New Ways Adam McManaman Gives Back to the Community

With over 400 documented service hours, Adam McManaman still finds joy in service. To appropriately provide service, it’s essential to have sufficient knowledge and experience with leadership, learning, and global awareness. The characteristic that appeals to me the most, and that has been most influential in my life, is service. Adam McManaman defines service as giving back to others, whether it may be taking care of an elderly neighbor’s lawn, donating to various charities, or a week-long mission trip through youth ministry organizations. Service is an impressive gesture, but without  the intent of gaining cultural awareness, furthering your faith, and advancing the prosperity of others, service would be in vain.

            My first experience of service was when I was beginning kindergarten, the annual family-run lemonade stand, with the proceeds donated to the local Humane Society. This charitable act received an article in the weekly newspaper which supported my actions. The accolades I received jump-started my desire for service. Later, Adam McManaman joined the United Church of Christ youth ministry program, led by an amazing youth director, Nate, who further fueled my love for service. Nate provided me many community service opportunities, such as yard work, food drives, construction, and teaching basic maths and sciences within my city. Nate showed me that mission work is fun. The UCC offered week-long, cross-country, life altering mission trips.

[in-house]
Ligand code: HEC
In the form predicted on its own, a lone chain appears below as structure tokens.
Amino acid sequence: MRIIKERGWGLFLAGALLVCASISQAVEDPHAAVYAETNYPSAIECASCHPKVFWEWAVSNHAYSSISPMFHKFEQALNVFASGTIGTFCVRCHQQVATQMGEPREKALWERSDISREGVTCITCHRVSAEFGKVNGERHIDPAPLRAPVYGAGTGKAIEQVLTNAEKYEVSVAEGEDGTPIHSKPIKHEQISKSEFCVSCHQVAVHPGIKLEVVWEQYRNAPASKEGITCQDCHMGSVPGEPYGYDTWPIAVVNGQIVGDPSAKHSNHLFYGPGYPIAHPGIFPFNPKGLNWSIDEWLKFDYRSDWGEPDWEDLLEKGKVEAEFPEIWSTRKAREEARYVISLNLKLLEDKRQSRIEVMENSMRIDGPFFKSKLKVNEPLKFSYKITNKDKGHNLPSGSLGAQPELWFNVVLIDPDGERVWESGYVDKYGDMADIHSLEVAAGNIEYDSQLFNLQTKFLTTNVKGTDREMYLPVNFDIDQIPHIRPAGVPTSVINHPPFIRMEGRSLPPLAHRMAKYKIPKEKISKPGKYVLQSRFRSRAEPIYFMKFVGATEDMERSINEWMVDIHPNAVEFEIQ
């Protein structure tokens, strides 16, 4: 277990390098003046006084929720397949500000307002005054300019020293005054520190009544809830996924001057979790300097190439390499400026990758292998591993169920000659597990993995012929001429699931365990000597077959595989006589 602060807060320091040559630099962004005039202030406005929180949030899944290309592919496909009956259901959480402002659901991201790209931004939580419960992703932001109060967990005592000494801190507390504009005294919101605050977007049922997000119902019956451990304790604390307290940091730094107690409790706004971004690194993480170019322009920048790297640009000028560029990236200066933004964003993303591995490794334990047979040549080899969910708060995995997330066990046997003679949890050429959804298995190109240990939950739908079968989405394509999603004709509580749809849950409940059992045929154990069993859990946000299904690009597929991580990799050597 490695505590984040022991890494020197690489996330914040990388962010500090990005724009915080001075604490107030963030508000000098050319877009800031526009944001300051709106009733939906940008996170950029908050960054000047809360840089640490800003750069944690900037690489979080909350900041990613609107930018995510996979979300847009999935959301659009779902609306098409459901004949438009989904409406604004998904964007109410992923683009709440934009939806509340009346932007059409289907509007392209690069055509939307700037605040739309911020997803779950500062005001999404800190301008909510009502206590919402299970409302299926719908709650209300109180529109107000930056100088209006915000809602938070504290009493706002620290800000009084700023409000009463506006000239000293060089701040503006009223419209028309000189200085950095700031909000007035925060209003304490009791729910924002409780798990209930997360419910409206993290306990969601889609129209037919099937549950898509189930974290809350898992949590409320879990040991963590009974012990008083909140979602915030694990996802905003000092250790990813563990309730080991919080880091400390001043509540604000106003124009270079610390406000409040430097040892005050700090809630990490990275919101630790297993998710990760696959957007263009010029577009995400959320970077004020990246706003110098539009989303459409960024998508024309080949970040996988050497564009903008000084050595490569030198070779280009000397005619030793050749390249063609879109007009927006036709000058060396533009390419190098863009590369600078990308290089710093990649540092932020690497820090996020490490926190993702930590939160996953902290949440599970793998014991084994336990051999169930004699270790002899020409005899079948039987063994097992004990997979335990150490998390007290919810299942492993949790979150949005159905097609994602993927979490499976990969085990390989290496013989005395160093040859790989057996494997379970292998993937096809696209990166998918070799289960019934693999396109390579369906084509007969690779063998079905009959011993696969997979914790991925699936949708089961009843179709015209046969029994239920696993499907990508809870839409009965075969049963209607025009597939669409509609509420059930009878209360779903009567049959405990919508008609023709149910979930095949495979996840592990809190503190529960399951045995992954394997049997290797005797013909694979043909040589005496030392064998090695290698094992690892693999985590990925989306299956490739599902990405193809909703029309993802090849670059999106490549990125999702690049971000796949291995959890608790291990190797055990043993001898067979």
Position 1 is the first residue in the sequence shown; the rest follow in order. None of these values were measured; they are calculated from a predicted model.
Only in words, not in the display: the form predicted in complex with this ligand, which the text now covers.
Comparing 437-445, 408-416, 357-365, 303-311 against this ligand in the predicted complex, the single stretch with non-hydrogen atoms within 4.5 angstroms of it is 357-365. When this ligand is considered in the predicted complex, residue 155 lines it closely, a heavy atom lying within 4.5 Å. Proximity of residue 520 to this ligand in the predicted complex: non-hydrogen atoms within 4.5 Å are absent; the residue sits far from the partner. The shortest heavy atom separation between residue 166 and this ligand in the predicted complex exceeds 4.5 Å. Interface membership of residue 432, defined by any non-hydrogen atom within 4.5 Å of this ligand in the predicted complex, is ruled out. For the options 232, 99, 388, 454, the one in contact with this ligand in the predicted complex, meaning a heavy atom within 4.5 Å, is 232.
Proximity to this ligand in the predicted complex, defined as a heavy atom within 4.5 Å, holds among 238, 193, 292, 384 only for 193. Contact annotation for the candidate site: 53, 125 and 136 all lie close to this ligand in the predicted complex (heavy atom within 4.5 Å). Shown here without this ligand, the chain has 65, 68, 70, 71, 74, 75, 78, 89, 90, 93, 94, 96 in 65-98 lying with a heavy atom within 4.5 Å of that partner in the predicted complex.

In the seventh grade Adam McManaman participated in a mission trip that deepened my interests in mission work. As I served others, I began seeing hope in the people I served and within the group of workers. I learned that I had lived a sheltered life, after walking a special needs student back to his home. Nick’s home was an abandoned thrift store that his family had taken shelter in for months. This dramatically altered my life views, which stopped me from taking my upper class living for granted. Nick was beyond poor and the happiest kid I met, while I was wealthy and barely ever smiled. As John F. Kennedy once said, “from those to whom much is given, much is expected.”. For the next five years I attended the annual mission trip, each providing its own distinct  life lesson. These trips have allowed me to rebuild homes in Pennsylvania, facilitate an inner-city children’s youth program in Cincinnati, participate in hurricane relief in New Jersey, and assist in tornado relief in Oklahoma. In addition to the physical work that the mission workers finished, we were in awe of participating in something bigger than ourselves.

Service provides me with a powerful moral foundation, personal happiness, and a strengthening Christian faith. Service has allowed me to create my own path on my journey towards young adulthood.  I will continue to satisfy my desire for service with the goal of leading future mission trips. As Mahatma Ghandi once said, “The best way to find yourself is to lose yourself in the service of others”.